In the voyage to net


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Dec 17, 2023

In the voyage to net

May 15 - There’s a Yorkshire saying: “Where there’s muck there’s brass”. For

May 15 - There's a Yorkshire saying: "Where there's muck there's brass". For brass read money. Now we can also add shipping fuel. Companies are using agriculture and forest waste, the organic portion of municipal solid waste and even exploring using cattle manure to make green methanol. It's one of the fuels that leading players in the shipping industry hope will help slash their emissions.

There's urgency now since ships ordered today will likely to be still ploughing the seas in 2050, and net-zero value chains are dependent on the fuels that allow raw materials and finished goods to move across the globe.

From 2024, shipping is being brought into the EU's emissions trading system. Large vessels travelling between and into EU ports will have to pay for their emissions. The 175 member states of the International Maritime Organization (IMO), which oversees the global industry, are under pressure to bring their climate strategy (which mandates only a 50% cut in greenhouse gas emissions by 2050) into line with the science, and to agree a carbon price that will make fossil fuels a less compelling option.

Methanol, ammonia and hydrogen are all being tested. The International Energy Agency (IEA) forecasts that ammonia will provide 45% of shipping fuel demand by 2050. Australian mining group Fortescue is working on converting engines to run on ammonia, while marine technology group Wartsila is part of an EU consortium aiming to demonstrate the technology in the lab this year.

But Danish shipping group Maersk is backing methanol, with 19 dual fuel ships on order, the first being delivered this year. Others, like China's COSCO and France's CMA CGN, have followed suit. Maersk wants at least 25% of its ocean-going cargo to be transported with green fuel by 2030, requiring some six million tonnes a year of green methanol. It's now signing partnerships with a range of producers in the Americas and China, to begin deliveries from 2025, and has set stringent requirements for fuel feedstocks.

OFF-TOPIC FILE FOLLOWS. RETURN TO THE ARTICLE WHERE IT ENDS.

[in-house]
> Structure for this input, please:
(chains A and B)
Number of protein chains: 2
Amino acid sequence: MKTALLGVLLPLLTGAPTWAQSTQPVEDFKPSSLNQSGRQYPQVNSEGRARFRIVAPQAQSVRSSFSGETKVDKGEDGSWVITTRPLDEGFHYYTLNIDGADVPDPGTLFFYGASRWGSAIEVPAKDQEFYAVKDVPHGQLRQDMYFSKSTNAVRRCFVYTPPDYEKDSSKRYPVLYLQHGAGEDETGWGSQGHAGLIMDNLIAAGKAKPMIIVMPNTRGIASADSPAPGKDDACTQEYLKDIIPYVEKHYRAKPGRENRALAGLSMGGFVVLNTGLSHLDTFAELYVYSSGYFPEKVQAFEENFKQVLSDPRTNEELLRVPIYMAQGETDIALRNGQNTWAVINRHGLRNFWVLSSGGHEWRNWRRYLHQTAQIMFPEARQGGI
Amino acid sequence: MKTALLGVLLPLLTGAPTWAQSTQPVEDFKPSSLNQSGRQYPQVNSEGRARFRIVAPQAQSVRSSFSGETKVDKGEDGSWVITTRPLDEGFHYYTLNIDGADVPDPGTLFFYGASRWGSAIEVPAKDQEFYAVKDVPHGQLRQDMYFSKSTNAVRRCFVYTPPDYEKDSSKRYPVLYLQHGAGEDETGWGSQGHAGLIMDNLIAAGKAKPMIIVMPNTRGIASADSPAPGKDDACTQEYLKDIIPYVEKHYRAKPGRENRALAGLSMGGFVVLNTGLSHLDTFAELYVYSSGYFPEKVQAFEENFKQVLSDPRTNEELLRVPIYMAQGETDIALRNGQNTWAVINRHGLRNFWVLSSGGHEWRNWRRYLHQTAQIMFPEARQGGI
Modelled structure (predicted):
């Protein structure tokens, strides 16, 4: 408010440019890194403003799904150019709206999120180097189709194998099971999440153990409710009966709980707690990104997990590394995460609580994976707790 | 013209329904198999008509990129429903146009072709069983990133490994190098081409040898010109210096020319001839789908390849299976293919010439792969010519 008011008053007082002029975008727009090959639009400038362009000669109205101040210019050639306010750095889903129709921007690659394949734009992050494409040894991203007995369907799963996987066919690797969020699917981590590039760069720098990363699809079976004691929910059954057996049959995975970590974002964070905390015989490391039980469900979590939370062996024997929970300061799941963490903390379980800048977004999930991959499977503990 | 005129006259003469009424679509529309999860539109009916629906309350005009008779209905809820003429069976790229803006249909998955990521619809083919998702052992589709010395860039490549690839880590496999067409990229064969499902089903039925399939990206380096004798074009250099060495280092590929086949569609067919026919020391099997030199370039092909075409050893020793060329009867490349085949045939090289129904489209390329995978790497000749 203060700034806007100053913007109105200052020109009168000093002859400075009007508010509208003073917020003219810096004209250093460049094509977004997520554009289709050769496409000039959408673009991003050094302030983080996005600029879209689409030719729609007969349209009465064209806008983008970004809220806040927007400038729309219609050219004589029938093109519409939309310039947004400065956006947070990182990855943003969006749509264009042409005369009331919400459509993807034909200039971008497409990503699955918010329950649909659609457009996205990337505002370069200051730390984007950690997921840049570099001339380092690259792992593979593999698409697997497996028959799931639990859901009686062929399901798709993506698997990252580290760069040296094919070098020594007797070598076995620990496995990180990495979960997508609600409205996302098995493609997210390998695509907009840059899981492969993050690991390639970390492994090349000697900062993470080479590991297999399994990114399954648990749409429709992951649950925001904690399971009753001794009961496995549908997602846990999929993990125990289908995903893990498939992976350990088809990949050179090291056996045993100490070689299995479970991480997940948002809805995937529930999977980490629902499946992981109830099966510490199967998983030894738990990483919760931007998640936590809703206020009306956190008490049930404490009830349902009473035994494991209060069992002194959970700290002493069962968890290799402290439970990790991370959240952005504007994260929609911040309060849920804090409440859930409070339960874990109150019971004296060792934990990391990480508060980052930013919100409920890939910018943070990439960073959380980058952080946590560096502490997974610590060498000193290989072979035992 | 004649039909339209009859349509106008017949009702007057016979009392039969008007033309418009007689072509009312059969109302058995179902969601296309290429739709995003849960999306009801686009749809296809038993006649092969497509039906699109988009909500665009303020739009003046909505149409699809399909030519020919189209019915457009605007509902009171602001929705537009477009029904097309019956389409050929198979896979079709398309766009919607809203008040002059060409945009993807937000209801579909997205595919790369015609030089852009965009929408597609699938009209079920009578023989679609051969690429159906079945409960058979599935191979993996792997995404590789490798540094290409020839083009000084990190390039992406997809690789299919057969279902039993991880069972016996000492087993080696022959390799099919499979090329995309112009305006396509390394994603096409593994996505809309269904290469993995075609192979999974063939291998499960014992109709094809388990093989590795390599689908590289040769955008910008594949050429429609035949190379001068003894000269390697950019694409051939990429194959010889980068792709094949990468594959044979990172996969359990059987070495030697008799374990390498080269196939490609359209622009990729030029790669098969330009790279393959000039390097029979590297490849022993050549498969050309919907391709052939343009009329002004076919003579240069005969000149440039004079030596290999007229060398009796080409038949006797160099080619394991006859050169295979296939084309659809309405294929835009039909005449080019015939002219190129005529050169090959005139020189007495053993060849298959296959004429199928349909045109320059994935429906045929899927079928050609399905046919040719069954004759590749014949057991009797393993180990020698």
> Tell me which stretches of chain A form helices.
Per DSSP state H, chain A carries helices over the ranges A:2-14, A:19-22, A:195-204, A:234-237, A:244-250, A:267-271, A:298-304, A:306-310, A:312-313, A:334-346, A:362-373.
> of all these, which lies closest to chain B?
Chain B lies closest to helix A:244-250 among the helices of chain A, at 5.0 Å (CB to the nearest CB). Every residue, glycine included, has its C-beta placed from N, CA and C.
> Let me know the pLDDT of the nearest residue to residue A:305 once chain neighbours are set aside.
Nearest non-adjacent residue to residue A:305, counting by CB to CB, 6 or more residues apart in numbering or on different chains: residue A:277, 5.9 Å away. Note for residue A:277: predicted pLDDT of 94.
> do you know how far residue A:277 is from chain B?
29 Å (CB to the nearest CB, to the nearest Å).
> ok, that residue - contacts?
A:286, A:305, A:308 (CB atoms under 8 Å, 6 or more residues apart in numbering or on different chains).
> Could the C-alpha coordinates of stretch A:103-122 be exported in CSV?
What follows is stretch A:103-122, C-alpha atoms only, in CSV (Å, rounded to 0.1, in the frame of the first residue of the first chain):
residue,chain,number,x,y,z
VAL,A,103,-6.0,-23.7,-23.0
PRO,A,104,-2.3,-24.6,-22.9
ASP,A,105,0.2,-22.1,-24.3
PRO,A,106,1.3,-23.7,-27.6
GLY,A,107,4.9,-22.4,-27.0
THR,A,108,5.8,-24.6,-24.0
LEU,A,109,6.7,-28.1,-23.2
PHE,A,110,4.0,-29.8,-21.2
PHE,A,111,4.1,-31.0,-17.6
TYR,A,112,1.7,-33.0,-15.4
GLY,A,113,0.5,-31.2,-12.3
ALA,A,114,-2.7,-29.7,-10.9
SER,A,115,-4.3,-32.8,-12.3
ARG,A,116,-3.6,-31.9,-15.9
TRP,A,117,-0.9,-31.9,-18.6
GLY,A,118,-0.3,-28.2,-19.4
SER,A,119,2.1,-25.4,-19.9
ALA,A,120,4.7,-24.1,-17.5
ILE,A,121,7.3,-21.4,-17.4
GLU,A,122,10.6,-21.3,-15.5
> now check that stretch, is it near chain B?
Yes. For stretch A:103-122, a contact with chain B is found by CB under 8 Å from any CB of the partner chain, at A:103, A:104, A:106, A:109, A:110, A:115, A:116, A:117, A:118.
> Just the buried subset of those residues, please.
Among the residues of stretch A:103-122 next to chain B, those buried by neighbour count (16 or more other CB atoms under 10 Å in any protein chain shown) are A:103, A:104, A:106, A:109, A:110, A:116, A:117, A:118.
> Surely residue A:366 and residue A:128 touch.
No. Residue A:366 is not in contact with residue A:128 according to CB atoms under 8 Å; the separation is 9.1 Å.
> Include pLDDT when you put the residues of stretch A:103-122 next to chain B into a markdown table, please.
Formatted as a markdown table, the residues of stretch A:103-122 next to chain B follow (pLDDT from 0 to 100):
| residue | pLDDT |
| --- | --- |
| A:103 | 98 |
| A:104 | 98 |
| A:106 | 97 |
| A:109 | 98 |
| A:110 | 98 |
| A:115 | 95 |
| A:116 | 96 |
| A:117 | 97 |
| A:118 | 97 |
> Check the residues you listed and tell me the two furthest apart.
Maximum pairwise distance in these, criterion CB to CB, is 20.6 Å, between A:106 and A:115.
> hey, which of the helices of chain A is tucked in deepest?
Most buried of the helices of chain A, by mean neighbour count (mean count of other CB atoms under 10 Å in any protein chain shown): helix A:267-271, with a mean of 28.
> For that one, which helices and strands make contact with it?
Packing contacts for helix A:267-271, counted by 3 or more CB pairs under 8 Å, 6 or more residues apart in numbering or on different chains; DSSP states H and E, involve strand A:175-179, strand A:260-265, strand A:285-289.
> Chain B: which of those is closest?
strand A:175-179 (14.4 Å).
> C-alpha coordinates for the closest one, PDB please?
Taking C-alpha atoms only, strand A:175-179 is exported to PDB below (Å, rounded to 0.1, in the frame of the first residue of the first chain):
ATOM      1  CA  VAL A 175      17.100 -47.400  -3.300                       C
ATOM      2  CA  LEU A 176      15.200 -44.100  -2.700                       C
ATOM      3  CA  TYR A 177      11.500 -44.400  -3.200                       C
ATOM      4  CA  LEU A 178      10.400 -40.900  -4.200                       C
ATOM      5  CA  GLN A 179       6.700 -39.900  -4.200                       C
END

Tim Cornelius is managing director for corporate development at Proman, a Swiss-based methanol producer and transporter. "Methanol makes more sense as a propulsion fuel. But ammonia is going to be an extremely good global carrier of hydrogen," he suggests.

Proman's first bio-methanol plant in Texas, expected to be online in 2025, will use municipal solid waste and agriculture residues, potentially including animal manure. "So long as the gasification process is tuned correctly, it's quite good to have multiple forms of feedstock, given (that) the supply changes seasonally, with different harvests."

California-based WasteFuel is another company that will supply Maersk. WasteFuel's co-founder, Trevor Neilson, points out that the industry has used methanol for over 50 years, which means the systems to store and transport the fuel are highly sophisticated and well-established.

Around two billion tonnes of municipal solid waste are produced each year. And that's expected to grow to 3.5 billion tonnes by 2050. WasteFuel's feedstock is the organic portion of municipal solid waste (like food residues, green waste and paper), which would otherwise emit methane in landfills.

The organic component can exceed 50% of landfill in developing countries, where methane is rarely captured. One study based on satellite monitoring estimated methane release from a landfill in Buenos Aires at 16.6 tonnes every hour.

WasteFuel has announced partnerships with municipal waste companies in the Philippines, the Middle East and South America. It uses anaerobic digestion to turn organic waste into a gas, which is then converted into methanol. As well as developing biorefineries, WasteFuel has developed a modular reactor, which will be capable of producing 100 tonnes of methanol a day to enable rapid scale up.

One of the most challenging aspects is separating out the organic portion from newly arriving municipal waste streams. And that's key to establishing the lifecycle reductions in greenhouse gas emissions the industry needs.

WasteFuel claims a 90% reduction in greenhouse gas emissions throughout the fuel's lifecycle, "well-to-wake" in shipping industry parlance, and avoided methane emissions are a big component of the arithmetic.

Burning green methanol still produces carbon dioxide, but pollutants sulphur dioxide and particulates are eliminated and nitrous oxide, N20, another greenhouse gas, is cut by around 80%.

Where methane can be captured from existing landfill, it can be converted to energy to process the biorefinery.

Green methanol can also be made by combining captured carbon dioxide with green hydrogen, produced by electrolysis (powered by renewables), so-called e-methanol.